Last night I ranted on Twitter, just a little bit, about something Syracuse.com has been doing regularly for some time now. They will, about once a day, run a ‘Your Comments’ story highlighting comments on stories they’ve run earlier. Here is the one I was reacting to last night. Nearly all of the comments on Syracuse.com are made by folks with pseudonymous usernames. Like many web comment sections, ‘discussions’ after stories tend to be dominated by the loudest, angriest, nastiest voices.
I’ve spent a lot of time thinking about what’s going on at these boards, including writing an article about it with a colleague of mine. I’ve come to see these comments sections as a site of competition between regular posters to make the most outrageous post. It’s championship trolling, and you win by being meaner than all the other competitors. Users have long rewarded one another for the meanest posts, with ‘likes’ when Syracuse.com allowed them, or with positive feedback in the form of ‘+1’ comments or ‘right on!’ sort of replies. You can see a hierarchy of posters, some who are considered clever by many, and others who are regularly attacked for their views. My take is that most of the ‘top posters’ are the meanest, most reactionary readers who seem to devote the most time to crafting their forum identity.
I don’t really expect Syracuse.com to do much about that, and they’ve always been pretty good about deleting the most blatantly bigoted posts and banning the most regular offenders. The competition was contained to the comments sections, and you could pretty easily ignore it if you weren’t an interested sociologist like me. But, now, that’s changed.
When Syracuse.com starts rewarding posters by highlighting comments in later ‘news’ stories (they show up in the news feed just like everything else, and @syracusedotcom tweets them out) the community of posters steps up its game, trying to get the status attached to being shared. Unfortunately, the game they play is mean spirited and depressing. Are all the comments that Syracuse.com privileges mean and ignorant. No. Is that a pretty good way to get noticed, and elevated. Yes, I’d argue that’s a pattern I see. I think that Syracuse.com shares stories they know will upset their easily angered commenters as a way to get page views, and then they write about comments, the more provocative the better, as a way to get more page views, and then they start over. They’ve got to convince potential advertisers this is a page people see.
(The “Ha ha ha” which is the first highlighted in the story I shared above is a great example of the rude condescension that regularly appears in the comments, and sure enough, Syracuse.com put it in a post they then shared on Twitter.)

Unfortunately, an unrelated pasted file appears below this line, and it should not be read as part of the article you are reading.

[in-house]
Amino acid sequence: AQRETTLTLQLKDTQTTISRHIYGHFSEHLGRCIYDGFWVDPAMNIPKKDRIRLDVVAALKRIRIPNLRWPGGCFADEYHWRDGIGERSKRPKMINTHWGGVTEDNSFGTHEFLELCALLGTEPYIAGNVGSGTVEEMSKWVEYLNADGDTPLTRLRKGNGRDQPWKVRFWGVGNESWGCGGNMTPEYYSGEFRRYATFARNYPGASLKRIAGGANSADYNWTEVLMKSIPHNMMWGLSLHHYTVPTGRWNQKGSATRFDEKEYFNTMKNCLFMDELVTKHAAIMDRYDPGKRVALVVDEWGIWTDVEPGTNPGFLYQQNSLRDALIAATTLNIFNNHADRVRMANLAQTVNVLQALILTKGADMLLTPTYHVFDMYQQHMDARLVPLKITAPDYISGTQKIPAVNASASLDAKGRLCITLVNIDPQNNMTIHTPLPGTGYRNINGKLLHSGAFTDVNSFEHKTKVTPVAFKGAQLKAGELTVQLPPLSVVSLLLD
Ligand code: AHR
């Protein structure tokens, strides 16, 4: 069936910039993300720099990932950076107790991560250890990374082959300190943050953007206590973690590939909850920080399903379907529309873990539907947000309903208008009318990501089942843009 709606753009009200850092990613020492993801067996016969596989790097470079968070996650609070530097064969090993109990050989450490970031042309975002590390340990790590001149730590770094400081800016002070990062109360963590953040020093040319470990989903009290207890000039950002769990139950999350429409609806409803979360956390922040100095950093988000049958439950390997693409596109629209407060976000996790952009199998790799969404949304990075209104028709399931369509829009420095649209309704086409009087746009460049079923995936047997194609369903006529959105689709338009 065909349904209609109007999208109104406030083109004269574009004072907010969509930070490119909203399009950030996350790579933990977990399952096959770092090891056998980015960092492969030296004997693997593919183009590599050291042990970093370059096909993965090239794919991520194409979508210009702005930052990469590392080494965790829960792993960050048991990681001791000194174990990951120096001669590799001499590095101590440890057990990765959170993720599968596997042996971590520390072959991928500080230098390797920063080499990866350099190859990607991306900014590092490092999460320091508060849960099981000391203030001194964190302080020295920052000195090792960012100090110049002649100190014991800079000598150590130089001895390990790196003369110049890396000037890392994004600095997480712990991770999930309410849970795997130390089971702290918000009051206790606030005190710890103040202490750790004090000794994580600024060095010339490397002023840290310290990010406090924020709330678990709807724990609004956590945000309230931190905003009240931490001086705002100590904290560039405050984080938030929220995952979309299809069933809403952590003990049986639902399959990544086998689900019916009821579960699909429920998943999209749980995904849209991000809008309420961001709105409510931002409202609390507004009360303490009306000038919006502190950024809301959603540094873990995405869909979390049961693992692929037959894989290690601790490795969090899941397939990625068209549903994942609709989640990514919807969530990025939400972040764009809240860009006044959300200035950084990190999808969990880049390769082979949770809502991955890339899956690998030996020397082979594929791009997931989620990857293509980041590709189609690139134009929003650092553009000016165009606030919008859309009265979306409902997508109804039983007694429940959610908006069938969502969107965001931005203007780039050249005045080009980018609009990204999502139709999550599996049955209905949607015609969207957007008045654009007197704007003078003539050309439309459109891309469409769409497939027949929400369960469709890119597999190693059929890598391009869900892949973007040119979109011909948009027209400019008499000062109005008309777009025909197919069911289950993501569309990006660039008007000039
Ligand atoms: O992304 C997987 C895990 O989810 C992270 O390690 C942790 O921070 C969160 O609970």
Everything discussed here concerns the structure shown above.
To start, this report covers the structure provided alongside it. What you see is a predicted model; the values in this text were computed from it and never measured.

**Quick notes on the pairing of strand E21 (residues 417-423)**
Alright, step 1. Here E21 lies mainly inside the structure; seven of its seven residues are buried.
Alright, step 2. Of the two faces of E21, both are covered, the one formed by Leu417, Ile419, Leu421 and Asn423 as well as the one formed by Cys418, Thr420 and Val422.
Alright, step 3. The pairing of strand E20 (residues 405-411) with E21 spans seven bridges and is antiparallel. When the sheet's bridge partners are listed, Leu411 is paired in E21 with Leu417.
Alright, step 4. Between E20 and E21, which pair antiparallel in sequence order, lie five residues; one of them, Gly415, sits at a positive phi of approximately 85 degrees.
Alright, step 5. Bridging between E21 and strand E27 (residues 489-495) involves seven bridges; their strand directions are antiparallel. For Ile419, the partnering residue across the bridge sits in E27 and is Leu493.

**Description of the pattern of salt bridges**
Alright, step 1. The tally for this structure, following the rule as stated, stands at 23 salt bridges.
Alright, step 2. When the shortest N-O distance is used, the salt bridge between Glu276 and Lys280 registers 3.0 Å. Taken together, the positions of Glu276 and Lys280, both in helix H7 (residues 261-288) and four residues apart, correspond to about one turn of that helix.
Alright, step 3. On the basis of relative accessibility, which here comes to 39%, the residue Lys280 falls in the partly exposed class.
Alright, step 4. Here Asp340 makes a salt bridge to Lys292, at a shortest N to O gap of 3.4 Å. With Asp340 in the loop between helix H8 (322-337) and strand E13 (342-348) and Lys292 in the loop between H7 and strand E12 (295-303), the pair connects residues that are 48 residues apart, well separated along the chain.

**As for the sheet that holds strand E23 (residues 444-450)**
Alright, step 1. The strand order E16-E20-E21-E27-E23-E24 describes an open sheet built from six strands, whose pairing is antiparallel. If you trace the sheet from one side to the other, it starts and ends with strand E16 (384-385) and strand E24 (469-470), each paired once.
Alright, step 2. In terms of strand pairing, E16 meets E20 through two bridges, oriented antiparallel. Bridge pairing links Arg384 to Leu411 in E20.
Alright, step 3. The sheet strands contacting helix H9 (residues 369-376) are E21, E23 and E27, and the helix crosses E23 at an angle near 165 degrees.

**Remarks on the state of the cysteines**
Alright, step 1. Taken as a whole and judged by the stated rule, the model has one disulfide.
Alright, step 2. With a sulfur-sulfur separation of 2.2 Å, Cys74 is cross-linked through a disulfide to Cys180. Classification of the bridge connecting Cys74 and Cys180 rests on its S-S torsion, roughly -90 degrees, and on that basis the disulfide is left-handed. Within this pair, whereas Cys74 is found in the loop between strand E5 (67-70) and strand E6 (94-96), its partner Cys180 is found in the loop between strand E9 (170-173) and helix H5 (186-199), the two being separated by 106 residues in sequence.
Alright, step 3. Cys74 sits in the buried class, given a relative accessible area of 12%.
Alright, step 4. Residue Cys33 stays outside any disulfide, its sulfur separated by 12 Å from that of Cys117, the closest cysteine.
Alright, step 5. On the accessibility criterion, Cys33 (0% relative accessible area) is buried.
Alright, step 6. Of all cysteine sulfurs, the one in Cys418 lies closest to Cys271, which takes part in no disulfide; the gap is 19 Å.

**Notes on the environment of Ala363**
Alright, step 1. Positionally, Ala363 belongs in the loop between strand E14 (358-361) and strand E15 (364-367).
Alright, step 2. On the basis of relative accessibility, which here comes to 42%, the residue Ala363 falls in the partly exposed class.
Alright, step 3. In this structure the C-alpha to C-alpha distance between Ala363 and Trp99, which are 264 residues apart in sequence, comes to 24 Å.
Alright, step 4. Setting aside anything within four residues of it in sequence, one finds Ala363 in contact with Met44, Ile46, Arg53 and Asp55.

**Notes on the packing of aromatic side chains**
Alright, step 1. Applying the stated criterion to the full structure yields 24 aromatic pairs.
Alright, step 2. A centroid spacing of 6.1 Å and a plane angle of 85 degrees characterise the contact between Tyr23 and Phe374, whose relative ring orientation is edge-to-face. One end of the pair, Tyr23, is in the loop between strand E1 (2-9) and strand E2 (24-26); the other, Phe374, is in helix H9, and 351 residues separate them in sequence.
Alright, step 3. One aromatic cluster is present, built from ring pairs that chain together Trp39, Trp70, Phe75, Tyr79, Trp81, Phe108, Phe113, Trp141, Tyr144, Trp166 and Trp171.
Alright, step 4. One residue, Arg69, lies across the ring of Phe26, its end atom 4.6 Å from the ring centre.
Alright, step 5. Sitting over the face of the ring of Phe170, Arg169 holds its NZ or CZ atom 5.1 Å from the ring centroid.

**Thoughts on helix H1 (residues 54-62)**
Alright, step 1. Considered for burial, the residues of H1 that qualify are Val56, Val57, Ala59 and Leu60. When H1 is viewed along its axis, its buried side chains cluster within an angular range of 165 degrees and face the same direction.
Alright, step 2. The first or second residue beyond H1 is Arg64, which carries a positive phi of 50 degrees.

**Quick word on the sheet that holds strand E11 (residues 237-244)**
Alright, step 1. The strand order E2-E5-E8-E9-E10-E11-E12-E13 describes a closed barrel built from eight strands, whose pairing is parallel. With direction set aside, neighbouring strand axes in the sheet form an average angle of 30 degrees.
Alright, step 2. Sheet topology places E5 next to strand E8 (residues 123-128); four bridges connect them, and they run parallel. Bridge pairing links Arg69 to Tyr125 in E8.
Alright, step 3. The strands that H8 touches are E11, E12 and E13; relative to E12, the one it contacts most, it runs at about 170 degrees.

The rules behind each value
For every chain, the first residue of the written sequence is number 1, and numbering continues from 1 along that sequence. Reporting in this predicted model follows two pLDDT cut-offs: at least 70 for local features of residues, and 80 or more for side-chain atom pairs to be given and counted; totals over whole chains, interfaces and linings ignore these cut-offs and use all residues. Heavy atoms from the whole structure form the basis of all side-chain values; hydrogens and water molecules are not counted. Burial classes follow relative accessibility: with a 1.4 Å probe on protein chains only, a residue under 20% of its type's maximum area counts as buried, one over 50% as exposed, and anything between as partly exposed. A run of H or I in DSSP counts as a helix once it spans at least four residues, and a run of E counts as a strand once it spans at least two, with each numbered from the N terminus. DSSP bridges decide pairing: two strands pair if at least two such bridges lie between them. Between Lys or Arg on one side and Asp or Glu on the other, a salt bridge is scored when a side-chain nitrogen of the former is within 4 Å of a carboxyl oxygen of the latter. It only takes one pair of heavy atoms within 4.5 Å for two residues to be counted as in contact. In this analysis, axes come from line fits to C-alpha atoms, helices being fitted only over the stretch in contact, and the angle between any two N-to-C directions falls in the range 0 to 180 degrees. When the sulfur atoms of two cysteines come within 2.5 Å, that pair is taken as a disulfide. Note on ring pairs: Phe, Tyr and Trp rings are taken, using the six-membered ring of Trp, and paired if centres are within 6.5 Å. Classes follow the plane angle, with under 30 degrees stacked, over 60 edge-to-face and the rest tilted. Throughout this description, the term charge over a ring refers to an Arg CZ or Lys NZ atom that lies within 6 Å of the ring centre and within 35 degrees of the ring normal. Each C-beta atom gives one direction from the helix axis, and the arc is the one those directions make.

You might say these things could just be ignored, and maybe that’s true. It’s less true now that one of the primary media sources in the city is privileging the condescending, mean spirited, blather of pseudonymous posters and making sure it becomes part of the civic conversations we have in this place. As a transplant to the Syracuse area, I know that my impression of this city has been negatively affected by the regularly disgusting, negative comments on those boards. I should know better because I’m always teaching about and striving for representative samples when I try to learn about social life. Syracuse.com certainly is not a representative sample of this city, and I’ve come to know many people who are very optimistic about this place. Unfortunately, I’d guess very few of them take the time to combat the angry trolling on Syracuse.com. Quite frankly they are doing more important, good, cool things. Syracuse.com does not help this city, or people working to make it a good place to live, when they give these comments such visibility.
It’s a shame. It should stop. Syracuse.com should be more responsible.
Some extra comments. The Post Standard employs very good journalists, many of whom I follow on Twitter and have interacted with quite a bit. This is not a problem with their work, which I often find really wonderful. This is the negative outcome of a desperate media company trying to survive and taking what I’d call the low road.
Syracuse.com did respond to my Tweets, and asked that I email them about comment moderation. I will.